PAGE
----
those neuron decks. Cracked brain
but the senses keep assigning you puzzles.
What’s the square root of alphabet soup?
Who’s in the strawberry patch with Einstein?

You watch birds fly. Ultimate jealousy.
Why can’t you do that? Strap a pair of
wings on all that thinking and you’d
be in Greenland in no time. And what
about fish? Breathing underwater. Nice work
if you can get it. But cracked brain would
just sink. And you can’t run like gazelles either.
You just sit there like a hunk of meat on a neck pole.
One crack, two crack, three crack, four.
The arbitraries are moving in. Likewise, the
deadly ruminations. Maybe a belfry for
bats could be your best trick. Or storage space
for hallucinogenic drugs.

What’s this? Someone’s asking your opinion on something.
Voices are so damn uncaring.
No brain would treat you this way.



John Grey is an Australian poet, US resident. Recently published in New Plains Review, Perceptions and Sanskrit with work upcoming in South Carolina Review, Gargoyle, Owen Wister Review and Louisiana Literature.

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Lauren Bell




Trading Places, Changing Spaces

She decided that everything had to go. Absolutely everything. She wanted no reminder of him, not even a speck of dust made from his dead skin cells.

She began with the furniture: the office chair and desk with the wonky leg, the cheap-looking wardrobe and bedside cabinet with the Japanese-inspired decor. All of it was junk, cluttering up her rooms, the spaces she had allowed him to share. He had been difficult, forever demanding extra space, space she didn’t have.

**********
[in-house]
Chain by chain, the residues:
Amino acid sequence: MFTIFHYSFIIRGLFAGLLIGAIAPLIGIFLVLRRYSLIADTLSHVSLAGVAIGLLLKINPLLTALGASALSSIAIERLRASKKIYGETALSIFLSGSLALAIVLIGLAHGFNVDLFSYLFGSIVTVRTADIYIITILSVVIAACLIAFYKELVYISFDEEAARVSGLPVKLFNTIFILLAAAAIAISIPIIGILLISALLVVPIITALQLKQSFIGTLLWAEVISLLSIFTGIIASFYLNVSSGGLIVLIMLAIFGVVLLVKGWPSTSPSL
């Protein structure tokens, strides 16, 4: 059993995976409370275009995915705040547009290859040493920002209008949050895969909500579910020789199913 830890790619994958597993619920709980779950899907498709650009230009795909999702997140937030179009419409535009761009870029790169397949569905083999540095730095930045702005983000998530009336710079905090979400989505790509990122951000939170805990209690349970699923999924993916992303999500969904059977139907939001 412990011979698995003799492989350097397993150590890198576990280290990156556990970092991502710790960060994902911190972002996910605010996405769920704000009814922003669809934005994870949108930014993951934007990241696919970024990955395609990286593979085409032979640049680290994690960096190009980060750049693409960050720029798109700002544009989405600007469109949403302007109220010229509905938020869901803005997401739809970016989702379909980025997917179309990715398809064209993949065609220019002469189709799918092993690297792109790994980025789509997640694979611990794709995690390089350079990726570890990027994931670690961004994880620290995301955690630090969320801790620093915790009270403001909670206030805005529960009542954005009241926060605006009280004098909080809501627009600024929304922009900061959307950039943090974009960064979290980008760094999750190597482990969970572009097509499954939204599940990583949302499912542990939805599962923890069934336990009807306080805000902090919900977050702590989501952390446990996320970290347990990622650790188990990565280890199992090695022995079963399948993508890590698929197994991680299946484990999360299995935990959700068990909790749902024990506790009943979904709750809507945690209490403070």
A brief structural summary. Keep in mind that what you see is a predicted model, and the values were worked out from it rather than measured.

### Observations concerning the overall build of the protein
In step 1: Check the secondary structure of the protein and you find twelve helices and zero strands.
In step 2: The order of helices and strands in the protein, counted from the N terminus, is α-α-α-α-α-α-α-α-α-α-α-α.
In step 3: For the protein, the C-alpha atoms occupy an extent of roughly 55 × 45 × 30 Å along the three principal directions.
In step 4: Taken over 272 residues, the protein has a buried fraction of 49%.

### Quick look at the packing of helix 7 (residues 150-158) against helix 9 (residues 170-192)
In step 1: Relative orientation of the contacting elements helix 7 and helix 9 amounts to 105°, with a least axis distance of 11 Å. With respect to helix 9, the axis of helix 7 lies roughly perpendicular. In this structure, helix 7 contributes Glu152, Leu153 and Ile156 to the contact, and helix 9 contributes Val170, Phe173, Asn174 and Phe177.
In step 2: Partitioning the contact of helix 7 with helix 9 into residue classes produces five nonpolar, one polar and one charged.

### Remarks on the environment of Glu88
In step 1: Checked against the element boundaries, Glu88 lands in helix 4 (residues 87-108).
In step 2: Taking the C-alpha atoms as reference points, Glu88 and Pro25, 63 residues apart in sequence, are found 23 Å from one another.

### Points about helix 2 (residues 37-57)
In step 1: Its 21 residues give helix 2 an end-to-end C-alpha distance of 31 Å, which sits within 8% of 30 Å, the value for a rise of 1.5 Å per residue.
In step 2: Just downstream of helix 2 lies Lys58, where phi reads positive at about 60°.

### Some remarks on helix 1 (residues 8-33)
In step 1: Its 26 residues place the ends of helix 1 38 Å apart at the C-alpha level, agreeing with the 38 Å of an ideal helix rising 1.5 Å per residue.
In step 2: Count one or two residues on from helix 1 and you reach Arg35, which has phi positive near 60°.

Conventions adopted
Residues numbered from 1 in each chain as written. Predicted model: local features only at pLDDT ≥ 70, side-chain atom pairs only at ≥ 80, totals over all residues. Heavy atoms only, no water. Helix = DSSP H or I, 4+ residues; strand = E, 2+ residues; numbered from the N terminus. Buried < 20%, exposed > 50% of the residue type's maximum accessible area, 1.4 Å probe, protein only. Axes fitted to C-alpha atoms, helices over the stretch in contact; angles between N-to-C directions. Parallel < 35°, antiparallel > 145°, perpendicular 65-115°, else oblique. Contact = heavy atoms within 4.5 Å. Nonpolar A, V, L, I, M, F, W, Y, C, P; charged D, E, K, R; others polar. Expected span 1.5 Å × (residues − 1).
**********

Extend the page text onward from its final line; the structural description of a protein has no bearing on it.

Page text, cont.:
Izzy tried to compromise offering him her precious garden instead; if inspiration was what he needed, being exposed to nature would suit him down to the ground.

Except it didn’t.

‘The view is crap,’ he said. ‘And I’m certain there are people spying on me at the back. I keep seeing their curtains twitch. No, I’d rather have my own private study.’

She had given in and soon the cupboard under the stairs had been converted. At least now she didn’t have to see his miserable face every time she looked out of the kitchen window. He was out of the way…for now.

If anything though, the space beneath the stairs only amplified Danny’s whinging.

‘It’s too small. I can practically touch the walls with my elbows. Don’t you know I’m claustrophobic?’

So Izzy began to take her space back.

‘You can’t put your canvas in there,’ she said, when she caught him one morning eyeing up the downstairs toilet. ‘Where on earth will my artificial flowers go?’

At first Danny resented Izzy’s plans. But as the days turned into weeks, and weeks into months, he grew confused.

‘My lilo, lawnmower and metal detector have all got to go in there.’ She pointed to the space which had formerly been his study. ‘There’s no room for your stamp collection. Sorry.’

Izzy even snapped up the attic.

‘I need this space to meditate. I can’t be disturbed, you see.’

Except he didn’t.